Does B6 Help Fighting Depression?

Vitamin B6, also called pyridoxine, is one of 8 B vitamins. All B vitamins help the body convert food (carbohydrates) into fuel (glucose), which is used to produce energy. These B vitamins, often referred to as B-complex vitamins, also help the body metabolize fats and protein. B-complex vitamins are needed for healthy skin, hair, eyes, and liver. They also help the nervous system function properly.

All B vitamins are water soluble, meaning the body does not store them.

Vitamin B6 helps the body make several neurotransmitters, chemicals that carry signals from one nerve cell to another. It is needed for normal brain development and function, and helps the body make the hormones serotonin and norepinephrine, which influence mood, and melatonin, which helps regulate the body clock.

Along with vitamins B12 and B9 (folic acid), B6 helps control levels of homocysteine in the blood. Homocysteine is an amino acid that may be associated with heart disease. Your body needs B6 in order to absorb vitamin B12 and to make red blood cells and cells of the immune system.

It is rare to have a significant deficiency of B6, although studies indicate many people may be mildly deficient, especially children and the elderly. Certain medications can also cause low levels of B6 in the body. Symptoms of serious deficiency include:
·         Muscle weakness
·         Nervousness
·         Irritability
·         Depression
·         Difficulty concentrating
·         Short-term memory loss

Vitamin B6 and Depression

To understand the importance of B6 to depression, a basic knowledge of how the brain establishes mood is required.

All neuronal communication in the brain goes through neurons or nerve cells. This communication flows in the form of signals which are transmitted in the form of electrical impulses across a synapse to a target cell by endogenous chemicals known as neurotransmitters. A synapse is the gap between two nerve cells.

These neurotransmitters carry impulses that are important for a balanced emotional state as well as form the messengers responsible for the brain’s ability to control other processes in the body.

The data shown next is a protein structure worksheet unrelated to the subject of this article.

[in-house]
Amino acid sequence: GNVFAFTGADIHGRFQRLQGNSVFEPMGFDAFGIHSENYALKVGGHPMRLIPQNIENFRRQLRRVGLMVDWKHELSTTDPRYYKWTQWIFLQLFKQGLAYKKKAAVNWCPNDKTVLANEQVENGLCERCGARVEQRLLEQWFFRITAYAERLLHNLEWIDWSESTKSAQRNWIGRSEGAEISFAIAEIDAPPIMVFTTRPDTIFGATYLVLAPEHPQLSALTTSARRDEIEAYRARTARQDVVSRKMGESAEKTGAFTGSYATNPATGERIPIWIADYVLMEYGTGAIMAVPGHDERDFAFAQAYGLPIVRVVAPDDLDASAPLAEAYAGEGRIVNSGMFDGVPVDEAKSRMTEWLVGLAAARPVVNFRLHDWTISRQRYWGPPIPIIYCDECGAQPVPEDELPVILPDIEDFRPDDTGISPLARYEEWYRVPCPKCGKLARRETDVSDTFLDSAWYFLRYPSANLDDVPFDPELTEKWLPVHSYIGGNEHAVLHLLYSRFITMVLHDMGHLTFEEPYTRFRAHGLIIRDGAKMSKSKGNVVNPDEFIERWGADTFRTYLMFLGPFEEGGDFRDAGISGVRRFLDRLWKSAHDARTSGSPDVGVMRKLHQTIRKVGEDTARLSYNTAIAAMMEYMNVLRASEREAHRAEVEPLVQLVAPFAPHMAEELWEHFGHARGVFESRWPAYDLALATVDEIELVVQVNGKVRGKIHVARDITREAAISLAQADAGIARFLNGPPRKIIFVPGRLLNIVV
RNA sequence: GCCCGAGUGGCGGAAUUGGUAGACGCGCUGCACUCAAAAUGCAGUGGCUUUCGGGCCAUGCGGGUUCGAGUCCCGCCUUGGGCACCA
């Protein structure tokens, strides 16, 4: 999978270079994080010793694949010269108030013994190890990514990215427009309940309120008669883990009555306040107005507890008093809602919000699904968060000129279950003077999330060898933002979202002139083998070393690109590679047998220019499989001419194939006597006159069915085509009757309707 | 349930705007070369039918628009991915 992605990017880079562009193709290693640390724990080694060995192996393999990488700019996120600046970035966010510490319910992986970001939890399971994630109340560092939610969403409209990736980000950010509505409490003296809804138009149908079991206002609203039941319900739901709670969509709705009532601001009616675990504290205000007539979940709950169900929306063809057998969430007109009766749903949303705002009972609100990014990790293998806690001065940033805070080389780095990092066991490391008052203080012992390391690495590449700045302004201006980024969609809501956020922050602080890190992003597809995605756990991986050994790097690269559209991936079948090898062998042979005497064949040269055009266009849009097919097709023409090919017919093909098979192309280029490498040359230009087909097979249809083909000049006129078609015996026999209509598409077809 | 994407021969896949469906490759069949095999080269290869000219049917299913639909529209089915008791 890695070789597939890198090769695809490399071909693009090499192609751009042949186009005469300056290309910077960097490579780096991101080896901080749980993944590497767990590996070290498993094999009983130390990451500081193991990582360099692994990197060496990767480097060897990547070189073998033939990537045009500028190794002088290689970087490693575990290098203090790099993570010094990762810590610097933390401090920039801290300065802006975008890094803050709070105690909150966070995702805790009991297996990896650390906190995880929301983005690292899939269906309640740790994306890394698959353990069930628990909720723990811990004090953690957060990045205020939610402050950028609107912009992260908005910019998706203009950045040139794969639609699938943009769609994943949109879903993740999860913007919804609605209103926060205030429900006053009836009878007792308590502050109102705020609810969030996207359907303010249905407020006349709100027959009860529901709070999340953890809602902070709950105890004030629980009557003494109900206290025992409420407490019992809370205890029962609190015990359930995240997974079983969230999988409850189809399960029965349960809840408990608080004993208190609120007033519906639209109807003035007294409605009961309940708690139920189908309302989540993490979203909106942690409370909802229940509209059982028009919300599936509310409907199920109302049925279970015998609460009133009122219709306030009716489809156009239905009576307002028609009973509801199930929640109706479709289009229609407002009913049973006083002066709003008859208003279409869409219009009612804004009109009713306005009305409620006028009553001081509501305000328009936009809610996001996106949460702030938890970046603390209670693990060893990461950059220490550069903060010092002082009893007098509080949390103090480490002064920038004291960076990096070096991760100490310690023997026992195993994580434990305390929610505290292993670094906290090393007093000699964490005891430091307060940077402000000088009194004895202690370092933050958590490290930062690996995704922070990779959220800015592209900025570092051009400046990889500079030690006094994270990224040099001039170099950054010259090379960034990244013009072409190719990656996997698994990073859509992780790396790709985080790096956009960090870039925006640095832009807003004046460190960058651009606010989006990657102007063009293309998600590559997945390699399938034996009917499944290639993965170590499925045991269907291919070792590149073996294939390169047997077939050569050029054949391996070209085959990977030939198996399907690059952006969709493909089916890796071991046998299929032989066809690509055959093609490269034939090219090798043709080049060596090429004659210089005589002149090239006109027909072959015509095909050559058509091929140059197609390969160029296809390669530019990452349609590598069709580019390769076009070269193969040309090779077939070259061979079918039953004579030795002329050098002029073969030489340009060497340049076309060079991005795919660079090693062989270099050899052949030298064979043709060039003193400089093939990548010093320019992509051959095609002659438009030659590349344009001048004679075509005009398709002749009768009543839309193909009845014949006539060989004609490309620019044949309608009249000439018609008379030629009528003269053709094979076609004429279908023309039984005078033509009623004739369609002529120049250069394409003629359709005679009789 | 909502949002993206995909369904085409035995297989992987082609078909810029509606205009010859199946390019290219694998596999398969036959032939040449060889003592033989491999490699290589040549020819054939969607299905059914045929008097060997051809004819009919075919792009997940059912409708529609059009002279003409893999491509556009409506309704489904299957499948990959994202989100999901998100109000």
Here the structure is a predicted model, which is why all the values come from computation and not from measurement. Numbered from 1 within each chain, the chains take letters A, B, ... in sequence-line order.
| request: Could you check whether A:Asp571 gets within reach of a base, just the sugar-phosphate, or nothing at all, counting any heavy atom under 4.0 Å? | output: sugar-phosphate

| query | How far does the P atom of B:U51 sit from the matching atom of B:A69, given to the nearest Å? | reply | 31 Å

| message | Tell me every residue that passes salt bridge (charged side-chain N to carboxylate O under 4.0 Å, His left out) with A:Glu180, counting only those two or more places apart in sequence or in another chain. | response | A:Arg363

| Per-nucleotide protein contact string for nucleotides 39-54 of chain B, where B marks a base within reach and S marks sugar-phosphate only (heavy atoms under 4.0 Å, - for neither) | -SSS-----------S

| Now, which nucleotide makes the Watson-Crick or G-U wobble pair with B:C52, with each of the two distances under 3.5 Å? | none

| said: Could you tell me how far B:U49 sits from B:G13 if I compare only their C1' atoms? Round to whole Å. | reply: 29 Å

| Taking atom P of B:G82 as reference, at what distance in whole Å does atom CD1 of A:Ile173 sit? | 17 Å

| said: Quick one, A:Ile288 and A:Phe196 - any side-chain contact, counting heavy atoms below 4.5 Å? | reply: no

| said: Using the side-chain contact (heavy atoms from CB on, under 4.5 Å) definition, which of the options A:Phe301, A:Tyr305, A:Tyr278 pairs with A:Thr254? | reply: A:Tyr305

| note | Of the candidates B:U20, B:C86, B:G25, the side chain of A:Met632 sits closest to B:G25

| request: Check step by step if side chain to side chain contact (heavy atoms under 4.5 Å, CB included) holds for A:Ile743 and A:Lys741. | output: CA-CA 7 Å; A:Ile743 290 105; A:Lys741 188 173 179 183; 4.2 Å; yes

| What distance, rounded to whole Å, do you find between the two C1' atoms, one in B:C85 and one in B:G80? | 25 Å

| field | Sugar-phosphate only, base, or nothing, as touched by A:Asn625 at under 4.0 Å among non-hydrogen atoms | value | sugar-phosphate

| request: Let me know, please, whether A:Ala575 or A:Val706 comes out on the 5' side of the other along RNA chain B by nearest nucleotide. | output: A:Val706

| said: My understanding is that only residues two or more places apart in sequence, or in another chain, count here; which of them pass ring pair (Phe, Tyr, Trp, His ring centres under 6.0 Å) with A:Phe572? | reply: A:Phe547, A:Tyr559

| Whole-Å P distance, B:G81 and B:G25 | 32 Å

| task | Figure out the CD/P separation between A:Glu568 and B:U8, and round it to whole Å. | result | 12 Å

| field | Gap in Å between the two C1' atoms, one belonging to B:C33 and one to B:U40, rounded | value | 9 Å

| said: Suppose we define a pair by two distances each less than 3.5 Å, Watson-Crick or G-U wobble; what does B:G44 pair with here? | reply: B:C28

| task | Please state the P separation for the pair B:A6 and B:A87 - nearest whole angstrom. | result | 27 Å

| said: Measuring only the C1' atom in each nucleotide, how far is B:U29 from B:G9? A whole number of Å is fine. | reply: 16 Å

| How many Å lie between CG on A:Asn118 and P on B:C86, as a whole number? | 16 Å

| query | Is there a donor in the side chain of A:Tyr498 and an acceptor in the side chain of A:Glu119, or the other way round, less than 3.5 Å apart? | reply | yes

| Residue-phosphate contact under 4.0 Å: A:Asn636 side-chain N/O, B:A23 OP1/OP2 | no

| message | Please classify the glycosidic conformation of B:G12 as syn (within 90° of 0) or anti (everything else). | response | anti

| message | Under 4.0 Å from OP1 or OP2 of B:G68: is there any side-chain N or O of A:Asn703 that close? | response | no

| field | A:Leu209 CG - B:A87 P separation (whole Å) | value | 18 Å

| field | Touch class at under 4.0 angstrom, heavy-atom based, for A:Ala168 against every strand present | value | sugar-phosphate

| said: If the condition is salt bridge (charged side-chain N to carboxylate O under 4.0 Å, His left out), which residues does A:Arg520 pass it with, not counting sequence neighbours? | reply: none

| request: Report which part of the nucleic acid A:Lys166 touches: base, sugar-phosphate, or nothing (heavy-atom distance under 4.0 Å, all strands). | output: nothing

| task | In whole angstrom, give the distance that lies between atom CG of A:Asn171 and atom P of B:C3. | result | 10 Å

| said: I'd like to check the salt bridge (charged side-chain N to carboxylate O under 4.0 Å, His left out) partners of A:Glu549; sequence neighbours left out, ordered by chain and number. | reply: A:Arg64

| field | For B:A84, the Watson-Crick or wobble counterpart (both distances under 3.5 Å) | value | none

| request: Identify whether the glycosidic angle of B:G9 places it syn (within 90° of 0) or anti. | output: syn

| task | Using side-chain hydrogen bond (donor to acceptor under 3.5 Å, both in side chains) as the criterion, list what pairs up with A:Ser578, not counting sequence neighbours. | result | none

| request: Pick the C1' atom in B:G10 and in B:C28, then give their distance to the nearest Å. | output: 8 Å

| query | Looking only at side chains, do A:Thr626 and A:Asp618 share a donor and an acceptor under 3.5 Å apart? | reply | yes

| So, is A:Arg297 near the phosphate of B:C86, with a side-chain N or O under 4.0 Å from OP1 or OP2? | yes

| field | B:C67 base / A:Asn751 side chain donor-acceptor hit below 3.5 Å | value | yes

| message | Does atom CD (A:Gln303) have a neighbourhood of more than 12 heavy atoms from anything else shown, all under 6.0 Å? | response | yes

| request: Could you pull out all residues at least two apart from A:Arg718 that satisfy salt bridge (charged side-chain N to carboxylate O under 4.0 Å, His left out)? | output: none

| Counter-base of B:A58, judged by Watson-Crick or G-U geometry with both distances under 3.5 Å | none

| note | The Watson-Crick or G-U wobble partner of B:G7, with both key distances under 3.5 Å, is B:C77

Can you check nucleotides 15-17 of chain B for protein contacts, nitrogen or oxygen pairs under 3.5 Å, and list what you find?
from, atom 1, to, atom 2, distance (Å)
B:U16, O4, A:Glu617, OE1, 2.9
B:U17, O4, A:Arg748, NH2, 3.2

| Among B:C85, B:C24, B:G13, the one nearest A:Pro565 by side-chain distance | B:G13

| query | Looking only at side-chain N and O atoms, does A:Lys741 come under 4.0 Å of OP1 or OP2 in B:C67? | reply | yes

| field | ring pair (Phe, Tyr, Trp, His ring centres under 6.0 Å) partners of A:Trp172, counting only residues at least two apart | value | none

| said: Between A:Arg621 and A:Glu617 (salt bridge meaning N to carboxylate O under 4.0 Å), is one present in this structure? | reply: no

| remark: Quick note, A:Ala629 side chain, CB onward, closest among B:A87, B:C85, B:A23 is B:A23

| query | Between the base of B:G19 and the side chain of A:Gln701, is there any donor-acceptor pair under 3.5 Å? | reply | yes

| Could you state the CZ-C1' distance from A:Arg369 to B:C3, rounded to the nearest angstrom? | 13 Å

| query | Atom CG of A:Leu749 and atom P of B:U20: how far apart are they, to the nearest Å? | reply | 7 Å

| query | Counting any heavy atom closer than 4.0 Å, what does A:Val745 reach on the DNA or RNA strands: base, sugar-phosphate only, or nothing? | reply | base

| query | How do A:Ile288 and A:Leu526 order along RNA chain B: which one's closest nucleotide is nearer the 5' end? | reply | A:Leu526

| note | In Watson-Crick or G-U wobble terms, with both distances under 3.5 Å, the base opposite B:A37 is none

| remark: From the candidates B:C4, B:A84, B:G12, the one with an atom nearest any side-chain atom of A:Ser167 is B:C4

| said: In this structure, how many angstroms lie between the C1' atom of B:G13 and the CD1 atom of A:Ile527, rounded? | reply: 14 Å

Pyridoxal phosphate, its active form of vitamin B6 can easily cross into the brain. In the brain, it is a coenzyme that plays an important role in the biosynthesis of the following neurotransmitters: serotonin, dopamine, epinephrine, norepinephrine and gamma-aminobutyric acid (GABA).

In the synthesis of GABA, pyridoxal phosphate acts as a cofactor for the enzyme glutamic acid decarboxylase which catalyzes the decarboxylation of glutamate to gamma-aminobutyric acid and CO2.
The synthesis of the amino acid, tryptophan to serotonin also depends on the actions of pyridoxal phosphate.

Of the neurotransmitters listed above, three monoamine neurotransmitters largely control mood in the brain. The neurotransmitters that are required in optimal concentrations to improve mood are serotonin, dopamine and norepinephrine.

Pyridoxal phosphate is also essential in the metabolism of homocysteine, a non-protein amino acid that is biosynthesized from methionine by the removal of its terminal methyl group.

Homocysteine is a toxic intermediate of amino acid syntheses. It is meant as a stopgap between two essential amino acids. However, the body requires vitamin B6 to convert homocysteine to the next amino acid or to recycle it back to methionine.

Therefore, high levels of homocysteine can result from pyridoxine deficiency. The accumulation of this toxic intermediate has been shown to cause damage to the brain and the heart. In addition, the accumulation of homocysteine in the brain has been linked to depression.

In summary, low levels of pyridoxal phosphate in the brain can cause depression by
·         reducing the amount of serotonin, dopamine and norepinephrine synthesized  
·         increasing the concentration of homocysteine which can cause neurological disorders such as depression


The National Institute of Health reveals that one of the symptoms of a vitamin B6 deficiency is depression.  A study that took place and was published in “Psychotherapy and Psychosomatics”, showed that those people who were deficient in vitamin B6 manifested several symptoms of depression.

Another study published in the Canadian Journal of Psychiatry further supported the claim that a vitamin B6 deficiency can lead to mood disorders and depression.

Another important function of Vitamin B6 is to aid in the production of oxygen-carrying hemoglobin.  A deficiency has been associated with feelings of tiredness and inattentiveness.

Food Sources of Vitamin B6

Vitamin B6 can be obtained by eating beef liver, potatoes, raw garlic and some non-citrus fruits.

Other good food sources of this vitamin would include bananas, nuts, beans, avocados, fortified breakfast cereals, dried herbs, spices, salmon, cod and tuna.  The key here is to see to it that you eat a balanced diet every day. Of course, if you do, you won’t be deficient in any valuable vitamins and minerals. Plus, your depression symptoms and moods won’t be affected from a B6 deficiency either.

Suggested Dosage

According to the National Institutes of Health (NIH), the U.S. Recommended Daily Allowance (RDA) for adult males between 19 and 50 years of age is 1.3 mg, and those over the age of 50 need 1.7 mg. Women between 19 and 50 years of age should take 1.3 mg, and those over 50 should take 1.5 mg. Pregnant women should take 1.9 mg and lactating women, 2 mg.

Most experts recommend complete B vitamins that include at least 1000 micrograms (mcg) vitamin B12, 250 milligrams (mg) vitamin B6, and 800 mcg of folic acid every day. Other herbs and supplements for depression, of course, may also help.

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